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Software-defined WAN offers distributed organizations with branch offices the ability to improve application performance via intelligent traffic routing across multiple WAN circuits, including MPLS, internet, and wireless 4G and 5G.
A wide range of vendors and service providers offer SD-WAN technology with many different business models and methods of consumption, such as appliances, software licenses, SD-WAN as a service and managed SD-WAN services. Each purchasing model has its specific benefits and disadvantages.
Over time, the concepts of managed SD-WAN services and SD-WAN as a service will likely blur as more technology suppliers offer an as-a-service consumption model.
A managed network service is a business model in which networking applications and services are fully outsourced to a managed service provider (MSP) or communications service provider (CSP). With managed SD-WAN services, the service provider supplies the hardware, software, networking and transport services required to deliver the appropriate application or service -- such as connectivity for X number of branches -- with appropriate service-level agreements (SLAs) for uptime and performance.
The service provider is responsible for monitoring, managing and securing the WAN service. Pricing is typically via a one-year or multiyear service contract and can be complex based on the number of sites, locations, link speeds and related SLAs.
Managed network services are a popular method for IT organizations to outsource the headaches of providing connectivity to their branches and data centers. SD-WAN technology has enabled a wide range of CSPs, cable providers, MSPs and systems integrators to expand their managed WAN services offerings.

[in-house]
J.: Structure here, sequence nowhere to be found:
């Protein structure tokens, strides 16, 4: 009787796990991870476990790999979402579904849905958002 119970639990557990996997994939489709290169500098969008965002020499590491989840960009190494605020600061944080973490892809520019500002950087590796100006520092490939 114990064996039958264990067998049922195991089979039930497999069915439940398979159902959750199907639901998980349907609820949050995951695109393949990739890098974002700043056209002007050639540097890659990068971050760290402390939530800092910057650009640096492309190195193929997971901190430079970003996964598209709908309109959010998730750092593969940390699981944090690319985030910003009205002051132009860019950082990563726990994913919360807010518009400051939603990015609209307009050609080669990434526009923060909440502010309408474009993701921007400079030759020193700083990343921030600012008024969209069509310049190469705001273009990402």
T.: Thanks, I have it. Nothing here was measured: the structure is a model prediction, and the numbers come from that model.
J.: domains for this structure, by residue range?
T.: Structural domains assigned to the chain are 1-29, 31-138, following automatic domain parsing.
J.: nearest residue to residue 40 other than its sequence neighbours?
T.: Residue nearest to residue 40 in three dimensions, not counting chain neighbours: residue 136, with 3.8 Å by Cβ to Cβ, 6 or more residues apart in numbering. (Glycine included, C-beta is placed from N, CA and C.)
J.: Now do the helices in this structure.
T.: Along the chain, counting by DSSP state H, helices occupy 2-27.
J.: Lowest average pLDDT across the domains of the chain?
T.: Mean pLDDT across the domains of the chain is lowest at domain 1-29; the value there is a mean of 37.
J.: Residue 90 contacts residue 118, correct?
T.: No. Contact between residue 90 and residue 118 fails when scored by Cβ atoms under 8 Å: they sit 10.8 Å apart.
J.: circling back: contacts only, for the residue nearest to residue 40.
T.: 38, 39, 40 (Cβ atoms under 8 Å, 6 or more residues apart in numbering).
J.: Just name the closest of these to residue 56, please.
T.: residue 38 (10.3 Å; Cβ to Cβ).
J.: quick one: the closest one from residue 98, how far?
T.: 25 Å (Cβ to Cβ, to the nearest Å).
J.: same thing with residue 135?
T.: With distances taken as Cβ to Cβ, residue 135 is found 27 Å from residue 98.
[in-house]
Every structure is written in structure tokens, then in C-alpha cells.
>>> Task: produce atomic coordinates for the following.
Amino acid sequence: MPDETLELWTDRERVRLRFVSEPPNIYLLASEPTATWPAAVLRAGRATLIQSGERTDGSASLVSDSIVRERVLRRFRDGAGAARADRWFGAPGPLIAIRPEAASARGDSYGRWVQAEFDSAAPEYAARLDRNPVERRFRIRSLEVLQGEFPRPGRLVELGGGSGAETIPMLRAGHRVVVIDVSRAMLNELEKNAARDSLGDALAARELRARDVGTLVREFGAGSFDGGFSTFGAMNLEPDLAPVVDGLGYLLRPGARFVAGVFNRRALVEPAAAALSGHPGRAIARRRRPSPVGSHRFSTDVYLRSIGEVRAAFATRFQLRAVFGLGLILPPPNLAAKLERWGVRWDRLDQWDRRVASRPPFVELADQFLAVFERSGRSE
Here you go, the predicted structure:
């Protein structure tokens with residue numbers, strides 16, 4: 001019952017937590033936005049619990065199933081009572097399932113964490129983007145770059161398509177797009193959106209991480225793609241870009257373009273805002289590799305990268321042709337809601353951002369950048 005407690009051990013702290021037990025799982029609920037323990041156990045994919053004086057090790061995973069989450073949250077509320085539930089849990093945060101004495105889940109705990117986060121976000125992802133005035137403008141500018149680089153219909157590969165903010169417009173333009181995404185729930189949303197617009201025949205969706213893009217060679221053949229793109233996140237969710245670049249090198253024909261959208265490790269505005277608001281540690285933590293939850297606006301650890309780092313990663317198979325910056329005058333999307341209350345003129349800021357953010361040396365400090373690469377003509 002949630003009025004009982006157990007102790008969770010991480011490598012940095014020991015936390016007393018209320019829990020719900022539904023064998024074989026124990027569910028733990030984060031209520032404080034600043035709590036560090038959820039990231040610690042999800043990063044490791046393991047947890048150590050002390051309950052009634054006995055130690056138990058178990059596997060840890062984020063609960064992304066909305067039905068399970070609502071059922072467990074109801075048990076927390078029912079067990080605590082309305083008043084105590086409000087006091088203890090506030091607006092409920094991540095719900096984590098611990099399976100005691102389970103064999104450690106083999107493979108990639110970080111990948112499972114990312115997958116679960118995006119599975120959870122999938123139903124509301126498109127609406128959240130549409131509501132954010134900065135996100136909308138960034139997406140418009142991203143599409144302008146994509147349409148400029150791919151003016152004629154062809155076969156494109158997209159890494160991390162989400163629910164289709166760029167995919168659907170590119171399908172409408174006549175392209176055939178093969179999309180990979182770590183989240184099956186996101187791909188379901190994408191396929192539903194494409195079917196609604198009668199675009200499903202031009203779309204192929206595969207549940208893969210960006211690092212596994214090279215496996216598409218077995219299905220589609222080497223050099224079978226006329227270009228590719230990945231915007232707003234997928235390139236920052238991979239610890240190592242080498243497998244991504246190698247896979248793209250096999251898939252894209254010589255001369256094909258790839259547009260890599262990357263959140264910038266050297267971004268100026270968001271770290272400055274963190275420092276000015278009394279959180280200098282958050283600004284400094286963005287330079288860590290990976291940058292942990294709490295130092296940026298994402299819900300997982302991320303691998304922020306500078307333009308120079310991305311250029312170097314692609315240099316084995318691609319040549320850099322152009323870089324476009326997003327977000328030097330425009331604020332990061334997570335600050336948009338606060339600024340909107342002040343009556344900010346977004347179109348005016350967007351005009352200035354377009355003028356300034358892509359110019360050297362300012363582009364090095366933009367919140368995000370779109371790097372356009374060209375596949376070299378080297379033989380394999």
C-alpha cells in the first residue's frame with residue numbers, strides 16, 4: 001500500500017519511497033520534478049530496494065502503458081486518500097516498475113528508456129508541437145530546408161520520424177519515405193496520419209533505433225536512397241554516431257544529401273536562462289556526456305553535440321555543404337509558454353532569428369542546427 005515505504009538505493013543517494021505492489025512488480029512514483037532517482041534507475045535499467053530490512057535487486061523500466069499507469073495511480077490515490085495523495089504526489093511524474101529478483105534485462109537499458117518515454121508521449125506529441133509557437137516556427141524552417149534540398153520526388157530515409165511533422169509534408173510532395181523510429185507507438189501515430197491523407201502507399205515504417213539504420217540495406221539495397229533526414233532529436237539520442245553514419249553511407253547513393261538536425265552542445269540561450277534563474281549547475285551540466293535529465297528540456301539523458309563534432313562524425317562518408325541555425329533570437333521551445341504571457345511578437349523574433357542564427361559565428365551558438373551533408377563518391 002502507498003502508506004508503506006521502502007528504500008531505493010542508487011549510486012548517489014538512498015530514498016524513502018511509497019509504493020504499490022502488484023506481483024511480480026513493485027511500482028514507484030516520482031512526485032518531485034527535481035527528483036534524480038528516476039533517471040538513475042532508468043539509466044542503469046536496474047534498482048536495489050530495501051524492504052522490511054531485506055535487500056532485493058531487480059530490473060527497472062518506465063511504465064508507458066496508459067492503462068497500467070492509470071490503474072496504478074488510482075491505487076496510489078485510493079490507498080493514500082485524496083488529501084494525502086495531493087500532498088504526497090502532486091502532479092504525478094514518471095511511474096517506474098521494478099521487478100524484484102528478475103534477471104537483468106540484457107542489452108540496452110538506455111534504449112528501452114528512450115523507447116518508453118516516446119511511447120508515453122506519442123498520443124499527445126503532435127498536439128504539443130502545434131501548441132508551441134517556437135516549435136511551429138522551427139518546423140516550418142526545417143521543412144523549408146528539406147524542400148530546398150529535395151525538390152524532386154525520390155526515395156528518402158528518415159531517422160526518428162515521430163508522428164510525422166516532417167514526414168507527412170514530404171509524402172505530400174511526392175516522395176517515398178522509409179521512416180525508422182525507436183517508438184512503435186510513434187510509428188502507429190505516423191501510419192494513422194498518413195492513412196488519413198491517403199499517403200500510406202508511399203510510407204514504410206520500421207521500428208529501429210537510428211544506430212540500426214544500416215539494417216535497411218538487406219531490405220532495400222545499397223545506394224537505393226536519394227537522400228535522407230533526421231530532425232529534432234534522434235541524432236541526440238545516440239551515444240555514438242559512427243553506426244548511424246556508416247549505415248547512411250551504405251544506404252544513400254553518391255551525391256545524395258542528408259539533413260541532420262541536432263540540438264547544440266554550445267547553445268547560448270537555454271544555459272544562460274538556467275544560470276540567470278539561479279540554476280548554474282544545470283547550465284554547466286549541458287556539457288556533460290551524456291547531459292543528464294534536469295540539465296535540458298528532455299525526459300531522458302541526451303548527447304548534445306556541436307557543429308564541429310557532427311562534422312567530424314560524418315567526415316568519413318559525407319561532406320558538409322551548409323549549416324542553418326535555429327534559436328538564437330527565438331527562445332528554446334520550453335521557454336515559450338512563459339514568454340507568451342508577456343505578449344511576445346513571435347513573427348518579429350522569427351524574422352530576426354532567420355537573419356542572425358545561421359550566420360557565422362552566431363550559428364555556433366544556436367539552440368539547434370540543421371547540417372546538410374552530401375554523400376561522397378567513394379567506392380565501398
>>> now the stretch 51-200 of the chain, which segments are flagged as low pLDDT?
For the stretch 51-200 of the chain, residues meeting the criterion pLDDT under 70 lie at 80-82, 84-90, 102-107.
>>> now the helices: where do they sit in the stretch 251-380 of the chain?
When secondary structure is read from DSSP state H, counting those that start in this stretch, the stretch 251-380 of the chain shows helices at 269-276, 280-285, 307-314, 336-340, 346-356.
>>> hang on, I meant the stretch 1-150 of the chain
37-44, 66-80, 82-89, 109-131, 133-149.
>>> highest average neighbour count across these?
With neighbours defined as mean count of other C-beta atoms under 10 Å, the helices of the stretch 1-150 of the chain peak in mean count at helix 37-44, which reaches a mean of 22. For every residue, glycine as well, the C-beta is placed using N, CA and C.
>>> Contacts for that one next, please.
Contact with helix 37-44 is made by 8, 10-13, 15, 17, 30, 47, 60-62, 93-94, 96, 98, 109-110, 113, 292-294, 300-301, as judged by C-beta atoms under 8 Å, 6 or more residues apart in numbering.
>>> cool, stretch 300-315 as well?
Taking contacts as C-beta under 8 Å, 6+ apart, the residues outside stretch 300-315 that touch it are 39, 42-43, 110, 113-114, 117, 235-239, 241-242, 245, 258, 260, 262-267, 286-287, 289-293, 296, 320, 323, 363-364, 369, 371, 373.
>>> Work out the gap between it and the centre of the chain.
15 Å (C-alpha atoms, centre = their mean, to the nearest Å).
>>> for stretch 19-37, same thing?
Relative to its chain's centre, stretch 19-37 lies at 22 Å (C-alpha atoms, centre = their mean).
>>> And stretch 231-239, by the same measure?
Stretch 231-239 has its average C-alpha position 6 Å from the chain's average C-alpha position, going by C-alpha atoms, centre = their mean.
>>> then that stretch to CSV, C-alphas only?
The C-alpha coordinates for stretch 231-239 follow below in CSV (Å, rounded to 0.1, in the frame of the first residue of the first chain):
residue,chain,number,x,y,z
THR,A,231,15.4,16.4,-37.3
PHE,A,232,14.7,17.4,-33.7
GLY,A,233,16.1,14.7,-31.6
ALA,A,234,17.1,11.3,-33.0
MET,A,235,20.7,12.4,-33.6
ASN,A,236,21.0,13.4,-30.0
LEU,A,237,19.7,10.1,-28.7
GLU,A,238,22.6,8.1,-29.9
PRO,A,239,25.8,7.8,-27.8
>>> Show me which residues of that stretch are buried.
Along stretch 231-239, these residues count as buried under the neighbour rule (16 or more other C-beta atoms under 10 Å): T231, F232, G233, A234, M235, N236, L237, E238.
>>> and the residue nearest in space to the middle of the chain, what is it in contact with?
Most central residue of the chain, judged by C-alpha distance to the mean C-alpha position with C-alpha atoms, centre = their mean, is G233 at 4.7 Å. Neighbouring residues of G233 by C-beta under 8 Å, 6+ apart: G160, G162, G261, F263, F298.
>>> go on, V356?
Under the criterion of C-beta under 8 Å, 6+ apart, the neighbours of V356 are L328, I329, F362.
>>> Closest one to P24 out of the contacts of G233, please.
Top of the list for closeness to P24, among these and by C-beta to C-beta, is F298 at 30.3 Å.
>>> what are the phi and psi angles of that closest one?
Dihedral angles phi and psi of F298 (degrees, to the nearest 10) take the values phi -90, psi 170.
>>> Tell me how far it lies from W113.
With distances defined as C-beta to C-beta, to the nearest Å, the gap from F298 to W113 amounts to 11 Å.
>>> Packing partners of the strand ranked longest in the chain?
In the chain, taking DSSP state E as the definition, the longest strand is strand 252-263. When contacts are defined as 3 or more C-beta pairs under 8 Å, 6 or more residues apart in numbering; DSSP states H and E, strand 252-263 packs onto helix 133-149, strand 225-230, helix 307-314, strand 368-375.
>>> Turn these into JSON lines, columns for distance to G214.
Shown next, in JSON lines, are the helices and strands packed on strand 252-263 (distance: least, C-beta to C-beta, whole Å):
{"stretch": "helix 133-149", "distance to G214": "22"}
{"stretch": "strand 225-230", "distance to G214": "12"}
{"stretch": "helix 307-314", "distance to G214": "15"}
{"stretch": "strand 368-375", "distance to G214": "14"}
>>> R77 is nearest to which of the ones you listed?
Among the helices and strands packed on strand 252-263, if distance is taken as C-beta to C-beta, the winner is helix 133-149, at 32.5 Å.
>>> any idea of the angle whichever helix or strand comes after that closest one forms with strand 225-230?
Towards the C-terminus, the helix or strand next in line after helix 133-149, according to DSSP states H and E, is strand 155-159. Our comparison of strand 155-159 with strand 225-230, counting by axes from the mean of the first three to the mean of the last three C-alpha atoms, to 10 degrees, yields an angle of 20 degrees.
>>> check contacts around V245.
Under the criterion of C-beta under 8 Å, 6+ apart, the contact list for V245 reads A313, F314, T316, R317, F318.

Large CSPs, such as AT&T, CenturyLink, Comcast and Verizon, have added SD-WAN technology to their business services offerings. MSPs -- including CISSDM, CommandLink, GTT Communications, ISS and Step CG -- typically offer managed SD-WAN using SD-WAN technology partners, such as Cisco, CloudGenix, Fortinet, Hewlett Packard Enterprise's Aruba Networks, Riverbed, Silver Peak, Versa Networks and VMware.
SD-WAN as a service
Software as a service, or SaaS, is a software distribution model in which third-party providers host applications and make them available to customers over a network. SaaS is a technology delivery model usually priced as a monthly subscription.
With SD-WAN as a service, the end customer is typically responsible for monitoring, managing and changing the SD-WAN service via a cloud-based management portal. The end customer may be required to contract with one or more CSPs for WAN connectivity services to its branch locations.
SD-WAN-as-a-service customers receive the benefits of having the latest functionality with easy upgradability via the cloud. Customers pay for the features they use and have the agility to increase or decrease the levels of functionality.
Apcela and Aryaka offer SD-WAN as a service that includes private WAN connectivity, while Mode offers a network-as-a-service offering that can be used along with any SD-WAN vendor. Many other SD-WAN technology providers offer their software via subscription in a SaaS-like model. Doyle Research expects additional as-a-service type offerings to be introduced over the next year or so.